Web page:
Christopher Howell, Emma Francis, Stephen Rashbrook, Adam Ellis, Leon Kay, Katie Stokes, David Kristopher-Brown, Nigel Pilkington, Roisin Sullivan, Ross Aldred, Matthew Baker, Hannah Bingham, Michael Burgen, Paul Callen, Danielle Fenemore, Kimberley Ensor, Michelle Williamson, Andrew Swift
The Union Theatre production of Sondheim’s masterpiece includes both a Sweeney Todd who can sing and a chorus!
Normally, this would hardly seem worthy of mention, but following Tim Burton’s, in my opinion, vastly overrated film which featured neither, even the mastery of just these basics felt refreshing.
Set in Victorian London, Sweeney Todd tells of a Fleet Street barber, Benjamin Barker, who was deported to Australia on a trumped up charge because the evil Judge Turpin desired his wife.
Fifteen years later Barker escapes back to London determined to have his revenge on Turpin and his subordinate, Beadle Bamford. Under the guise of Sweeney Todd, he works his way back into society by restoring his barber’s shop, and making his living by slitting the throats of customers and putting them into pies to be sold at Mrs Lovett’s pie shop.
Needless to say this is dark stuff, and the plot contains two great paradoxes. Todd is supposedly avenging common folk by attacking the corrupt masters who treat them like insects. He, however, does the same by killing scores of them in order to reach the top man. The other irony is that he is aided by Mrs Lovett who uses her human pie business to work her way into his affections with a long-term view to marriage. To kill people out of hatred (as Todd does) is one thing, but Mrs Lovett does so for love.
With the Union Theatre standing under a Victorian railway arch, the setting for this tale could not have been more apt. With dark alleys and stairways formed by the cast tip-toeing through and behind the audience, the show started strongly as single figures emerged out of the darkness to sing The Ballad of Sweeney Todd . Then throughout, the chorus frequently stood inches from the audience and blasted them away with their menacing sound.
The cast was generally strong although not every principal seemed entirely suited to their role. Christopher Howell in the title role proved an amazing singer, but almost too good an actor for the part. He seemed too determined to portray a range of emotions throughout the piece, and this prevented us from seeing a man fuelled by hatred from start to finish. Nevertheless, at the right moments he was superb, not least when delivering Todd’s Epiphany straight to the audience. Emma Francis as Mrs Lovett delivered every line so that the discerning viewer could see exactly how she was manipulating the situation to move closer to getting what she wanted. She did this so skilfully, however, that we often forgot how awful Mrs Lovett really was and instead saw her as a maternal, kind-hearted figure.
Leon Kay, as Anthony Hope, had a good voice but his persona was too rough to allow him and Katie Stokes, as Johanna, to convince as the romantic couple (in direct contrast to all the other characters). David Kristopher-Brown demonstrated a magnificent pair of lungs as Todd’s rival in shaving, Pirelli, and his upper register was quite incredible. Nigel Pilkington as Beadle Bamford was brilliantly creepy and his rendition of the (fictitious) Victorian parlour song, Sweet Polly Plunkett, wonderfully comic.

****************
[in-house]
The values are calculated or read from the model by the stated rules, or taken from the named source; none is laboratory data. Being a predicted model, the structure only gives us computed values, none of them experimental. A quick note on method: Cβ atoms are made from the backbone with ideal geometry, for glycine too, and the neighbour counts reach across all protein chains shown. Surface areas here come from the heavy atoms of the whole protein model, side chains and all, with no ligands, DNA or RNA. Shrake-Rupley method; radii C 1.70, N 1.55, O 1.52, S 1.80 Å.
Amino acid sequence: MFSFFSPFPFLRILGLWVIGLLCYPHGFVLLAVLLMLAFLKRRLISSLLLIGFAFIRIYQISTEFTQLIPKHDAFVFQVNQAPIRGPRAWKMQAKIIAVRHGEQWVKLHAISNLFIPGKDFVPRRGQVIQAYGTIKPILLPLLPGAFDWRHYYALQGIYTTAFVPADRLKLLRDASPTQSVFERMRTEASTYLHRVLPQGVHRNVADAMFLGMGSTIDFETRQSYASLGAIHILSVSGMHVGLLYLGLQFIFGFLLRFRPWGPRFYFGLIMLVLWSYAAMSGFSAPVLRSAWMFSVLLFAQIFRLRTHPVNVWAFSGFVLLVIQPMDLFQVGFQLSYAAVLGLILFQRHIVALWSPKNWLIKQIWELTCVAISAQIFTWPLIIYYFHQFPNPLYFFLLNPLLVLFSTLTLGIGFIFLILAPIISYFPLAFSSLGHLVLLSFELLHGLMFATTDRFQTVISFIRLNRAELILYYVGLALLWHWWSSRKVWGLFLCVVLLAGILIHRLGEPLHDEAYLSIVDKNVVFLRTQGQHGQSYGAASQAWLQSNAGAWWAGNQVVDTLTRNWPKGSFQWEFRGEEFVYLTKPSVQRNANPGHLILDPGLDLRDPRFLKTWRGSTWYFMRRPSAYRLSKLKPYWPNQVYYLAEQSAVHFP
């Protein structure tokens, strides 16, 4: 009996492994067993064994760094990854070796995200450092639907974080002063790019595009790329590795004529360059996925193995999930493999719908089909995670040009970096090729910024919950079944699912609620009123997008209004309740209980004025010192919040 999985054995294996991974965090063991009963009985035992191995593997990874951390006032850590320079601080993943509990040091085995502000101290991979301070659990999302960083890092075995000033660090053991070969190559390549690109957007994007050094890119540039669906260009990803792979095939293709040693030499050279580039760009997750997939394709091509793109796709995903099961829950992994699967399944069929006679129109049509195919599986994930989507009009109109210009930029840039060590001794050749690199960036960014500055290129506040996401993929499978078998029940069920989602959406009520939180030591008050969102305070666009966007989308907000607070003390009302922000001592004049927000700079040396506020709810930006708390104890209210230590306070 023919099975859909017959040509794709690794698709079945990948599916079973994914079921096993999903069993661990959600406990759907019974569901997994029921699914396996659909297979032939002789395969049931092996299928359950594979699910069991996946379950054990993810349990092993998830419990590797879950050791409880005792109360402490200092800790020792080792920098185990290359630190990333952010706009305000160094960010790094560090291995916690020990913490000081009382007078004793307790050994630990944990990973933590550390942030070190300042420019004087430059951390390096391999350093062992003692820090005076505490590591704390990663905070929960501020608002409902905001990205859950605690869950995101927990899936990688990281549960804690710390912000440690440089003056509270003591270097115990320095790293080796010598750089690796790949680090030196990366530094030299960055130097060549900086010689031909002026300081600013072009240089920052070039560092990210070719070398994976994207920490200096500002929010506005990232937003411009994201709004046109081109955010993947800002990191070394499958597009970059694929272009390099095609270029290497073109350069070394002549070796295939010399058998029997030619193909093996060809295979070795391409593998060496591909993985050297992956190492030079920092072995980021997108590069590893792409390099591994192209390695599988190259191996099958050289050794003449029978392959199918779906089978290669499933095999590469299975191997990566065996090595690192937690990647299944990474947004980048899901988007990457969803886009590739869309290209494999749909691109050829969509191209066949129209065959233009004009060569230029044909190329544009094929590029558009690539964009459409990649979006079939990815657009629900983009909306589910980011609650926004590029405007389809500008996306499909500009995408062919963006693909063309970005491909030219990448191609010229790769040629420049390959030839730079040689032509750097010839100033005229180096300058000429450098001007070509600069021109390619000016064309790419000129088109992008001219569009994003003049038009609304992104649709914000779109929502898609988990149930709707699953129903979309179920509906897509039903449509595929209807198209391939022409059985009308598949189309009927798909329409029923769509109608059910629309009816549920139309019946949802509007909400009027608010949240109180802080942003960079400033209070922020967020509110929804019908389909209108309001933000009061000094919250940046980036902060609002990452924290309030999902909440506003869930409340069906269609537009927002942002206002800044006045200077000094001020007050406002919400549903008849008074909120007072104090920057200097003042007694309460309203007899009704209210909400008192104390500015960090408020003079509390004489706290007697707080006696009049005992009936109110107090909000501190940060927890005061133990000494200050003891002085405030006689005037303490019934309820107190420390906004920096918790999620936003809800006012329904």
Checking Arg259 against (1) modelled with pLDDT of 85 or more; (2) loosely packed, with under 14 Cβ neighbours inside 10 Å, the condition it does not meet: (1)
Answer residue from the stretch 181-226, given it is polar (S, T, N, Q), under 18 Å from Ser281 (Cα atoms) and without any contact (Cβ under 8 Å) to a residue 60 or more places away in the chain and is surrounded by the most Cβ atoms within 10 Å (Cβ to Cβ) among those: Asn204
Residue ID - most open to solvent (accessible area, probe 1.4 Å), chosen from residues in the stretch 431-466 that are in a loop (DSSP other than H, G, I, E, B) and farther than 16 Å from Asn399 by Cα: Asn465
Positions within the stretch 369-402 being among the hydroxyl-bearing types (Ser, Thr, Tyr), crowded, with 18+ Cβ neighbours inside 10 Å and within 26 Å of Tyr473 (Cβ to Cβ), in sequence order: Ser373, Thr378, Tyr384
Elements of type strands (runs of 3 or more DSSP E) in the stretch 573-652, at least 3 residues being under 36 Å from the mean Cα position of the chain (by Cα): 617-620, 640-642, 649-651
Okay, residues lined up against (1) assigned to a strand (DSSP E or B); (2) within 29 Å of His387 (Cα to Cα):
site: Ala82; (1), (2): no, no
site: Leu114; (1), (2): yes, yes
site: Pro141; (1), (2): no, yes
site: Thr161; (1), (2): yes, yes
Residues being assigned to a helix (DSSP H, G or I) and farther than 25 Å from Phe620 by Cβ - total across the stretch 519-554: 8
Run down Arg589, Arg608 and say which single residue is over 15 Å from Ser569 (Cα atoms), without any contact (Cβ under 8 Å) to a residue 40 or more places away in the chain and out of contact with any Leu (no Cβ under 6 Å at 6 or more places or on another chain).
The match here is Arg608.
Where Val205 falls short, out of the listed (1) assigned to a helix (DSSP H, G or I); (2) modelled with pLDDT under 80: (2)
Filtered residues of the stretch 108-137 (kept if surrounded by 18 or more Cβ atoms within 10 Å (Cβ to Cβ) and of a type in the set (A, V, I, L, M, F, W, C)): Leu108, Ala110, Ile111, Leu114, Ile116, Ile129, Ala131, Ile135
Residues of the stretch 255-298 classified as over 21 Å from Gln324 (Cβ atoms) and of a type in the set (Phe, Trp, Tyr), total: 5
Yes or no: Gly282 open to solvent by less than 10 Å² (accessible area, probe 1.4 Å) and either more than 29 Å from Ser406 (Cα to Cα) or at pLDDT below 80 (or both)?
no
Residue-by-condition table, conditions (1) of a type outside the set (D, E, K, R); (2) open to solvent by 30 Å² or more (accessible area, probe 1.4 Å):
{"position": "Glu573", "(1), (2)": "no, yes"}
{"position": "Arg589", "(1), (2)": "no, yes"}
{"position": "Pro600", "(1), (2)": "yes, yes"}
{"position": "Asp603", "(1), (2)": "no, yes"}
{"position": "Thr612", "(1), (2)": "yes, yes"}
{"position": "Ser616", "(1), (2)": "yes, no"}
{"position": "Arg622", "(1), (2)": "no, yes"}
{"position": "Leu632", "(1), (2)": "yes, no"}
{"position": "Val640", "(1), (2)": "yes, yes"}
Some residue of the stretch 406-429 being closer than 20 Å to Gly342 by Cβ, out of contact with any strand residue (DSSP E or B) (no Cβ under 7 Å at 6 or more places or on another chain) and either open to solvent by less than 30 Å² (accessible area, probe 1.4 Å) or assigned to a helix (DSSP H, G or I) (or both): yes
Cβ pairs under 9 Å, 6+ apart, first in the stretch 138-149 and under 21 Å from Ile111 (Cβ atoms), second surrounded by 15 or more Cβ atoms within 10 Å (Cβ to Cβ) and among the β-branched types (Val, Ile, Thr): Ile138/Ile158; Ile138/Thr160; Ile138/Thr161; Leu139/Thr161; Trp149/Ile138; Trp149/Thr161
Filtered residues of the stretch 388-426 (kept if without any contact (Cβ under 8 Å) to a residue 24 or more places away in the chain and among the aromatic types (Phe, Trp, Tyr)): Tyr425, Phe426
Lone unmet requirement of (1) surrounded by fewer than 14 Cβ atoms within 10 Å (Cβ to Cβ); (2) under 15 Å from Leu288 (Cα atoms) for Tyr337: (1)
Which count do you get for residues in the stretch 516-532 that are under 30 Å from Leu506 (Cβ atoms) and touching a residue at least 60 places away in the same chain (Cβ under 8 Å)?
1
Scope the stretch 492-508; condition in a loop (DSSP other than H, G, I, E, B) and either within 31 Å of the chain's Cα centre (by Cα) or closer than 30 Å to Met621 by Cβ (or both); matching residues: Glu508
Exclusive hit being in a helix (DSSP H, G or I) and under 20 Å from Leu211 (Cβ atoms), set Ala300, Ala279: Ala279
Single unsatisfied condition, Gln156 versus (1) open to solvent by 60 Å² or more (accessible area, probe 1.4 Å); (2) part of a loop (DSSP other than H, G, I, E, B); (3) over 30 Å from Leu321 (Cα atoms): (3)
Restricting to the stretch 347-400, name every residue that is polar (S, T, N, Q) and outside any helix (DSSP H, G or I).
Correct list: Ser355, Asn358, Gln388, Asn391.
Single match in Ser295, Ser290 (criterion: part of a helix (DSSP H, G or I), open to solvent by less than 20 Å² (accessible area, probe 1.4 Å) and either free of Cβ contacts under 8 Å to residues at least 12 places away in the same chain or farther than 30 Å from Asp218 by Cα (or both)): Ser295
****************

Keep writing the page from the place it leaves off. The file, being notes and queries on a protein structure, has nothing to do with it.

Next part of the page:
Stephen Rashbrook was a restrained Judge Turpin, playing him as quite a distinguished man rather than the grotesque figure that is more normally portrayed. This worked well in his delivery of Mea Culpa, where it is all too easy to go over the top. However, both of his encounters in the barber’s chair with Todd fell flat. As Todd works up to slitting his throat (succeeding on the second occasion, but being interrupted on the first) we should witness two great climaxes to the drama, but neither fully materialised.
And though the setting was perfect, the staging was not always as successful as it could have been. With Todd’s barber’s shop on a higher level to the rest of the stage, this cut into the area where the chorus could perform and made certain scenes such as the dance at the ball feel cramped. The props were also disappointing with the meat grinder being miniature, and the normally menacing contraption upon which Todd dispatched his customers being merely a swivel chair. True, this is a small theatre but I have seen amateur productions do better.
Nevertheless, at its best this production worked very well, and this was no better illustrated than in Todd and Mrs Lovett’s duet, A Little Priest. In joking about how each type of person forms a different flavour of pie, they built up quite an incredible rapport. Indeed, when Francis genuinely fluffed one line because she was laughing so much it didn’t matter, only making their exchanges seem even more natural.
And so, all in all, this Union Theatre production of Sweeney Todd made for an enjoyable evening. It may not quite have scaled the heights of its all-male Mikado in the summer, but if anyone were thinking of spending an evening watching Tim Burton’s Sweeney Todd on DVD, my advice couldn’t be clearer. You’ll have a far more enjoyable and fulfilling night by going to see this production instead.